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Thirty years ago this weekend, I remember vividly watching the TV as a student in Dublin as the Berlin Wall came down on 9th November 1989. It was one of those moments when you knew history was being made, one of those defining events that stand beside the day Kennedy was shot, or when Mandela was released from prison or September 11th 2001. Since it was build in 1961, the Berlin wall came to symbolise the great gulf between the Communist East and Capitalist West, between America/her allies and the Soviet Union. This wall was the iron curtain and the battle line of the Cold War. Now it came tumbling down.

The collapse of the wall may have happened that day but change was taking place long before that. In June that year, partially free elections in Poland were emphatically won by the Solidarity party, paving the way for the first non-Communist government to be formed in that country since World War II. Uprisings and protests in other countries followed suit, demanding democratic reforms. On 5th November 500,000 people protested in East Berlin with an energy and a momentum that continued four days later with the collapse of the wall.

For many commentators, the events in Poland began the tidal wave of change. The victory of the Solidarity party in the elections of 1989 came after a momentous visit by Pope John Paul II in June 1979 as he returned to his native land for the first time since his election as Pope in October 1978. During that historic visit, John Paul II didn’t mention politics or economics once. What he pressed instead was the cause of religious freedom by preaching a moral and cultural revolution over the heads of the Communist regime. On that visit John Paul II drew on Catholic and Polish sources to insist that culture was, is and always will be the most dynamic force in history, allowing us to resist tyranny and inspiring us to build and sustain free societies. To his beloved Poles, John Paul II reminded them of the dignity of their conscience, their divine origin and the glorious destiny to which they were called. He said to them: ‘You are not who they say you are. Remember who you really are, own the truth of your history and your culture and you will find the tools of resistance that totalitarianism cannot match’. John Paul’s words lit a fire that could not be put out. Its flames and heat were not confined to Poland but spread across Europe.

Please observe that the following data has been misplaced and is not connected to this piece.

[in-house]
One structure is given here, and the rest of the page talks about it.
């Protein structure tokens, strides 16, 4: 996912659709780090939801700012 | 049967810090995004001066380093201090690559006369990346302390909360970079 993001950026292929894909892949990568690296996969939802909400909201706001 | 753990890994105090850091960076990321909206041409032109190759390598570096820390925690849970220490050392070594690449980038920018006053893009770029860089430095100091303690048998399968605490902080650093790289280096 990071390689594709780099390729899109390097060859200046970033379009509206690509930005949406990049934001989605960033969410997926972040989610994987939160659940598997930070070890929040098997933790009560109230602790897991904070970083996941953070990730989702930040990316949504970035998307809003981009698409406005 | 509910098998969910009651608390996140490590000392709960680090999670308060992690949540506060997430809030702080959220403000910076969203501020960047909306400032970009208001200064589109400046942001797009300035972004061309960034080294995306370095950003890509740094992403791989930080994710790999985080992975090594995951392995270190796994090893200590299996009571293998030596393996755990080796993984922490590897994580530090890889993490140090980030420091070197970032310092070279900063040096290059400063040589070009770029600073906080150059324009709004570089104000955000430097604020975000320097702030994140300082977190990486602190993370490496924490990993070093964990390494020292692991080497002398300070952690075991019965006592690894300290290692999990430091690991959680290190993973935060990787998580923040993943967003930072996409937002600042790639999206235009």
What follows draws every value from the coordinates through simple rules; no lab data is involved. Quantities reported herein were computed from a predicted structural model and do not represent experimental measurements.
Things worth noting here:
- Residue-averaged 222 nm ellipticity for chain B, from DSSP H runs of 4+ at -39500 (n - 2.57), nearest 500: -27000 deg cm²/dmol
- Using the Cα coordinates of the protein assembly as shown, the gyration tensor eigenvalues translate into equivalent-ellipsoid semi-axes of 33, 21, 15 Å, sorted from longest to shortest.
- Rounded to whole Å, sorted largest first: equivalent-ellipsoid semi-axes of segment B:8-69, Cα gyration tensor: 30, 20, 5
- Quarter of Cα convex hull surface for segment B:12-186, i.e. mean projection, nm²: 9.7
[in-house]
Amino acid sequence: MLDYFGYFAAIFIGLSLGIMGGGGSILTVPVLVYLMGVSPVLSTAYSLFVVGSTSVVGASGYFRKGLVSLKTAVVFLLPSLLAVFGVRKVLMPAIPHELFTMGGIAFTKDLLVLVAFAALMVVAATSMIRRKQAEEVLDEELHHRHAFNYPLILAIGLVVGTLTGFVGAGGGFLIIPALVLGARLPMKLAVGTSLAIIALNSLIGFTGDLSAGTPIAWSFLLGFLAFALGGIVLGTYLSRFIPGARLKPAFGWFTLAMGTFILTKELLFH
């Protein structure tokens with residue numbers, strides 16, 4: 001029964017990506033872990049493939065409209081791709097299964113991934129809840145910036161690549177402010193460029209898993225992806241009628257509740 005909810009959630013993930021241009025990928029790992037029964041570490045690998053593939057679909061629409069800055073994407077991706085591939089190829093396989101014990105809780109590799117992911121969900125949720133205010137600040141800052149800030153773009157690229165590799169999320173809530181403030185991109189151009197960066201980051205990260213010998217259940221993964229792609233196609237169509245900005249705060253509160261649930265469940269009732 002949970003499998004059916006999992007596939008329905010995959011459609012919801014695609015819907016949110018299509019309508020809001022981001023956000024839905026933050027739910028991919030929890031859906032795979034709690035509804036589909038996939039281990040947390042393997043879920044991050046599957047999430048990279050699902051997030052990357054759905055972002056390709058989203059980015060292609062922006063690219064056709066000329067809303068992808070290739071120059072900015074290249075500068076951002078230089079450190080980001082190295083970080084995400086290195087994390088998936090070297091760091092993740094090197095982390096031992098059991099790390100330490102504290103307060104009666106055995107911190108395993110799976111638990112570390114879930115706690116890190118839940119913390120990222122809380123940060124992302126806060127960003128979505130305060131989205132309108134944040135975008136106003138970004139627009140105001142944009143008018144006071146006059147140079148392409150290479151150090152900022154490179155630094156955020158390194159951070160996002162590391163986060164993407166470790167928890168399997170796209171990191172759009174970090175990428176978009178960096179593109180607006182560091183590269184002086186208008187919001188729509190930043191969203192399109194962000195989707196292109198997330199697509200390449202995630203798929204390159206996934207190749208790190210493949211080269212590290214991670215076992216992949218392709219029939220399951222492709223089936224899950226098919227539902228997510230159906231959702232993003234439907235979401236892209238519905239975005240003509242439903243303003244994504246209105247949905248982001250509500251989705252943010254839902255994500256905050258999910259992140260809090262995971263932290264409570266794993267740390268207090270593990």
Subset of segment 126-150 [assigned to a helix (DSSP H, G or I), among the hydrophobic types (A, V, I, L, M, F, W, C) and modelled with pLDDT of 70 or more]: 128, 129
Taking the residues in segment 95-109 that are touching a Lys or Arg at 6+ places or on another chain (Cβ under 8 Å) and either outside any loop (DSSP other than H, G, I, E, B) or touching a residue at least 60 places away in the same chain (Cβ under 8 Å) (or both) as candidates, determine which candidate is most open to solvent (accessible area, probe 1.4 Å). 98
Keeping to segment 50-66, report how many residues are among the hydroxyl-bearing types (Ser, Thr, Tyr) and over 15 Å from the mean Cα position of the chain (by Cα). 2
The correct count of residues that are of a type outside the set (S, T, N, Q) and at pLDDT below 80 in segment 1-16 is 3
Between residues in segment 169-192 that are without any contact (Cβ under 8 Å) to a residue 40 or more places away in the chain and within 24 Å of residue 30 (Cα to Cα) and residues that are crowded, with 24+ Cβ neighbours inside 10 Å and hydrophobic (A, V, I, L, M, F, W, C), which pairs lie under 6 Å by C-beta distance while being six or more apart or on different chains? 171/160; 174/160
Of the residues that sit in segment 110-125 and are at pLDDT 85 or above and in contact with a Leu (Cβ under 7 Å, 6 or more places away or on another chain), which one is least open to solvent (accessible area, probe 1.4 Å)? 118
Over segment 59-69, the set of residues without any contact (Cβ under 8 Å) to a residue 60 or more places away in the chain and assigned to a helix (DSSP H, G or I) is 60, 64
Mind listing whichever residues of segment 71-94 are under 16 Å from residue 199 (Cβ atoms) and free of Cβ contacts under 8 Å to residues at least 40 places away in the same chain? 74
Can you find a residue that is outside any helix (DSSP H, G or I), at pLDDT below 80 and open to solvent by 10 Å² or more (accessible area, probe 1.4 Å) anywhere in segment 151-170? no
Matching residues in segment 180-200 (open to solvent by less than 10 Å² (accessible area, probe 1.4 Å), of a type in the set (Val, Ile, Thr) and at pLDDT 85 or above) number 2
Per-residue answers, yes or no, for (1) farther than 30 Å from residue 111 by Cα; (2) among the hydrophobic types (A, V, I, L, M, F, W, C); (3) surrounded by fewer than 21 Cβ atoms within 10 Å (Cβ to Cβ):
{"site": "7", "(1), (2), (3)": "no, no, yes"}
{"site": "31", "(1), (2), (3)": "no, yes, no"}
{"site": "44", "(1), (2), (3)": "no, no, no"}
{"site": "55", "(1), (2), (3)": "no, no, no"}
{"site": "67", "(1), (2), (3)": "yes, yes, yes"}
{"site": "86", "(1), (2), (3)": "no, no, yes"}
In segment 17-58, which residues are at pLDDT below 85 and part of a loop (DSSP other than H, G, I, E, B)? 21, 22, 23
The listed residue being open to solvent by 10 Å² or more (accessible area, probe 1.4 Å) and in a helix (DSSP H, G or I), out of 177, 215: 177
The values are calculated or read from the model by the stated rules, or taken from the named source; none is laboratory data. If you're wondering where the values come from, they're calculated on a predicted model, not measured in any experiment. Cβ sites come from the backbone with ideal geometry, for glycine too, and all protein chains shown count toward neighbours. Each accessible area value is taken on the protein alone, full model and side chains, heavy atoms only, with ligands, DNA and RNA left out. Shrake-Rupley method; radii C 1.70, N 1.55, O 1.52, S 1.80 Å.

What are we to make of this lesson from history? That faith in God can and does change the world. Here is a lesson that should be heeded in our own times when God is being increasingly pushed out of public life. John Paul’s words to the Polish lifted them up to see a future that Communism did not allow them to see. It was a revolution of conscience that understood humanity in a new light that did not come from itself but from God who raised their dignity to a nobility of soul and a strength of spirit.

The story of St John Paul’s role in the fall of Communism and the velvet revolution is intriguing but its significance does not end there. It is a reminder to all Catholic Christians that our faith cannot be kept private for it must be lived out publicly. In every age and time, dark forces try to reduce the dignity of the human person or convince Christianity that her insistence on the sacredness of human life and dignity is too high. There is always the danger of more walls being built and elements in our culture destroying genuine freedom and mutual trust. For us as people of faith, we resist what we believe causes walls and barriers to be raised up – when people forget God. For in the words of George Weigel: ‘When a corrupt culture, including desperately defective ideas about the human person, is married to modern technology , the result is human suffering on an unprecedented scale. That, at bottom, is why the 20th century unfolded the way it did. The barbarism stemmed from the fact that people, having forgotten God, forgot who and what they were, and could be’ (The Fragility of Order, Ignatius Press, 2018, p. 158).

As we look back on the fall of the Berlin wall 30 years ago this weekend, may we see how faith can and does transform the world and especially how we can become part of that change and tear down other walls that obstruct the dream of God to unite all peoples together and to Himself.

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